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December 1999

Shock value

Museum with Hitler memorabilia opens in Berchtesgaden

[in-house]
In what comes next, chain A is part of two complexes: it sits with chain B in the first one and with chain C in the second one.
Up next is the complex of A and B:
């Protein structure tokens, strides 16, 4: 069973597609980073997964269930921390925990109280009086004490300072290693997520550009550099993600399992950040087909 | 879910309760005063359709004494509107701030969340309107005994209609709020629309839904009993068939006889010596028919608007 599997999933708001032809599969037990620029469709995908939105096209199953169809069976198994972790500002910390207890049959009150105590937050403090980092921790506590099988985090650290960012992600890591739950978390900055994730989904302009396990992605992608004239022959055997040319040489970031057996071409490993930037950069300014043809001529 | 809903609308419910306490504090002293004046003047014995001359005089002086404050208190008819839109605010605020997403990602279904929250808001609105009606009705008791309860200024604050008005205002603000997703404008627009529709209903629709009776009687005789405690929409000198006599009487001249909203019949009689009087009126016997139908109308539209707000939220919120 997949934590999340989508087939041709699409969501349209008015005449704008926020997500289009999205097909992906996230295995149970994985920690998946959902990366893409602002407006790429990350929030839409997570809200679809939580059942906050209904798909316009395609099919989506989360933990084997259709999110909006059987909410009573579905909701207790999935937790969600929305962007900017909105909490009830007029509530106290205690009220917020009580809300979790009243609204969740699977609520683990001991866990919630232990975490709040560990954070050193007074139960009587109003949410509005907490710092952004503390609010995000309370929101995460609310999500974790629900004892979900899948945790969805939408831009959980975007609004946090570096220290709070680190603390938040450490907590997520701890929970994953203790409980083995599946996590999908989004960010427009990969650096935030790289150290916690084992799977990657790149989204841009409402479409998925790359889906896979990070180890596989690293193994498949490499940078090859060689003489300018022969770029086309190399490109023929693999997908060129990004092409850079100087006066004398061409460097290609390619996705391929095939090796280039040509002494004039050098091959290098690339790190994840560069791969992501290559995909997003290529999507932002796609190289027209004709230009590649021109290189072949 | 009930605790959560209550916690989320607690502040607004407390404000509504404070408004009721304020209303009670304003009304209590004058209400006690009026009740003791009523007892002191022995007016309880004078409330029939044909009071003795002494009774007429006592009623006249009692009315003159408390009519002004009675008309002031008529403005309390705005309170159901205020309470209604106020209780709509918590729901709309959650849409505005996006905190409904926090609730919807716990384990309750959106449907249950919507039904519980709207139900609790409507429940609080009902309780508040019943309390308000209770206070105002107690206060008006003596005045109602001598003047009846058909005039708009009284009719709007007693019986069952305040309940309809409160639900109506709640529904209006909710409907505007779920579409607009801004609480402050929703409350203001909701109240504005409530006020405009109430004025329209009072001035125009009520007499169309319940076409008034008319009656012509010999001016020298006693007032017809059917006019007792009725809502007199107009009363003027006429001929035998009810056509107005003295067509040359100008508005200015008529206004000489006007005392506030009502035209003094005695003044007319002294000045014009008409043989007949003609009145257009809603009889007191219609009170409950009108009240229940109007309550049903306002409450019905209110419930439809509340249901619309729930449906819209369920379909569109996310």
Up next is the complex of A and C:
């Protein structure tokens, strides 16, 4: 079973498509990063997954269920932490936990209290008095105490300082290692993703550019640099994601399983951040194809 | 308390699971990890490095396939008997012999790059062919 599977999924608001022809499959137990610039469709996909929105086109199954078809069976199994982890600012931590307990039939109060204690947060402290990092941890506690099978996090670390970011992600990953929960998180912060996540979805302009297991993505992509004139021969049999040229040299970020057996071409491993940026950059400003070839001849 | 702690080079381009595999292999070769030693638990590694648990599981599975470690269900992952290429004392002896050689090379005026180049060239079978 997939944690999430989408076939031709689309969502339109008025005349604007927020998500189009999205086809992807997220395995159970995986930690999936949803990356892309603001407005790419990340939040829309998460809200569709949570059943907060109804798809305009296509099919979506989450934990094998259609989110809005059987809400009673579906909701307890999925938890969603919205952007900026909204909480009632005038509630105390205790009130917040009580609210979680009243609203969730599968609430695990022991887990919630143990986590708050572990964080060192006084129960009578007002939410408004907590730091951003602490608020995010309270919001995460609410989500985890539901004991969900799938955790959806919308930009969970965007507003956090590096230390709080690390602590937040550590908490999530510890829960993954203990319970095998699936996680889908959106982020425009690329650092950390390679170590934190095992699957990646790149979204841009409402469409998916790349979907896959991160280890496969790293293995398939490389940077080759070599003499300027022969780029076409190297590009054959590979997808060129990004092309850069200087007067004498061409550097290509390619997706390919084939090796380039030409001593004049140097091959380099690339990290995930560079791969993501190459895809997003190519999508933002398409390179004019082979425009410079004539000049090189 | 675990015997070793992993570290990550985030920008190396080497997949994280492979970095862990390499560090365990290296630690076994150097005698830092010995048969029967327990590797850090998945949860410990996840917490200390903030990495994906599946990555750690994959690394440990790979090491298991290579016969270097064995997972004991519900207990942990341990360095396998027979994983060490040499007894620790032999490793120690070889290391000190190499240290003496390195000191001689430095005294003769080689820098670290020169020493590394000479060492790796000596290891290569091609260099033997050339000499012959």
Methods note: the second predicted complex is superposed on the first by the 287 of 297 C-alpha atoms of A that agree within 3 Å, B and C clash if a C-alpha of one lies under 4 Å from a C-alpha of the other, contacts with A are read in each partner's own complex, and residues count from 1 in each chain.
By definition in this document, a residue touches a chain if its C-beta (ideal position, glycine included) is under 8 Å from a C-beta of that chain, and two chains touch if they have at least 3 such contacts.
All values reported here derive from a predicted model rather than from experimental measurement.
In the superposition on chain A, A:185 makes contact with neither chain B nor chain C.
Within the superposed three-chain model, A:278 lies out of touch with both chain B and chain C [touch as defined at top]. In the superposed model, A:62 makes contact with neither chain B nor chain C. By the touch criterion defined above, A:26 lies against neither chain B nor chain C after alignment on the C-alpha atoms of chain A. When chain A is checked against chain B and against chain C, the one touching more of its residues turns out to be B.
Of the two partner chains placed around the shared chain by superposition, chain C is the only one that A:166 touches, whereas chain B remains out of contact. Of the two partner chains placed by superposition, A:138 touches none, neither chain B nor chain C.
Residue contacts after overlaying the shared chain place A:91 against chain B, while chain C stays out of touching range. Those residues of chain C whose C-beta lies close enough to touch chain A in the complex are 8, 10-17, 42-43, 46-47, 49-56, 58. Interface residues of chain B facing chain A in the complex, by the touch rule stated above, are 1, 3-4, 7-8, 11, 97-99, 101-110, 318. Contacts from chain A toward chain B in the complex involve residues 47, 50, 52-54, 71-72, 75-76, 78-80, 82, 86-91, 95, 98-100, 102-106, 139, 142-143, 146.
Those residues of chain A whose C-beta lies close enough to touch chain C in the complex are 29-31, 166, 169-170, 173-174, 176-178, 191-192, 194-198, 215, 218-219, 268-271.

Berchtesgaden. For tourists, a reference to this mountain village located a stone’s throw from the Austrian border conjures up images of Adolph Hitler playing with German shepherds or relaxing with Eva Braun outside one of his two rustic retreats. Whereas the familiar Eagle’s Nest, better known as Kehlsteinhaus still stands (though today serves as little more than a café with a checkered past), the Führer’s nearby Obersalzberg refuge “Berghof” was destroyed in 1945. Over the last three years, local officials and historians have disputed the form in which the man and his reign of terror should be remembered in the region. It is at the bombed- out Berghof that the winner of the debate, the Münchner Institut für Zeitgeschichte, recently opened its documentation facility. A permanent exhibition, it provides a realistic and disturbing look at Hitler’s maniacal activities. Designed to resemble the famous high-elevation cottage, the museum houses a collection of photographs, sound clips, relics and works of art, some of them shocking, all of them very much to the point. Hitler’s bunkers lead from the basement of the museum into the mountain upon which this hall of horrors sits. Visitors on this macabre tour finally reach a common room in the bombproof cavern in which film documentation of concentration camps and the Holocaust, as well as a recording of two Jewish women recounting their release from a KZ form a powerful adjunct to the display. Organizers hope that, unlike the cups of espresso offered at the Kehlsteinhaus or the benign memorabilia sold in area knick-knack shops, their look at Berchtesgaden’s chilling place in Nazi history will force traveling voyeurs to think. <<< lv

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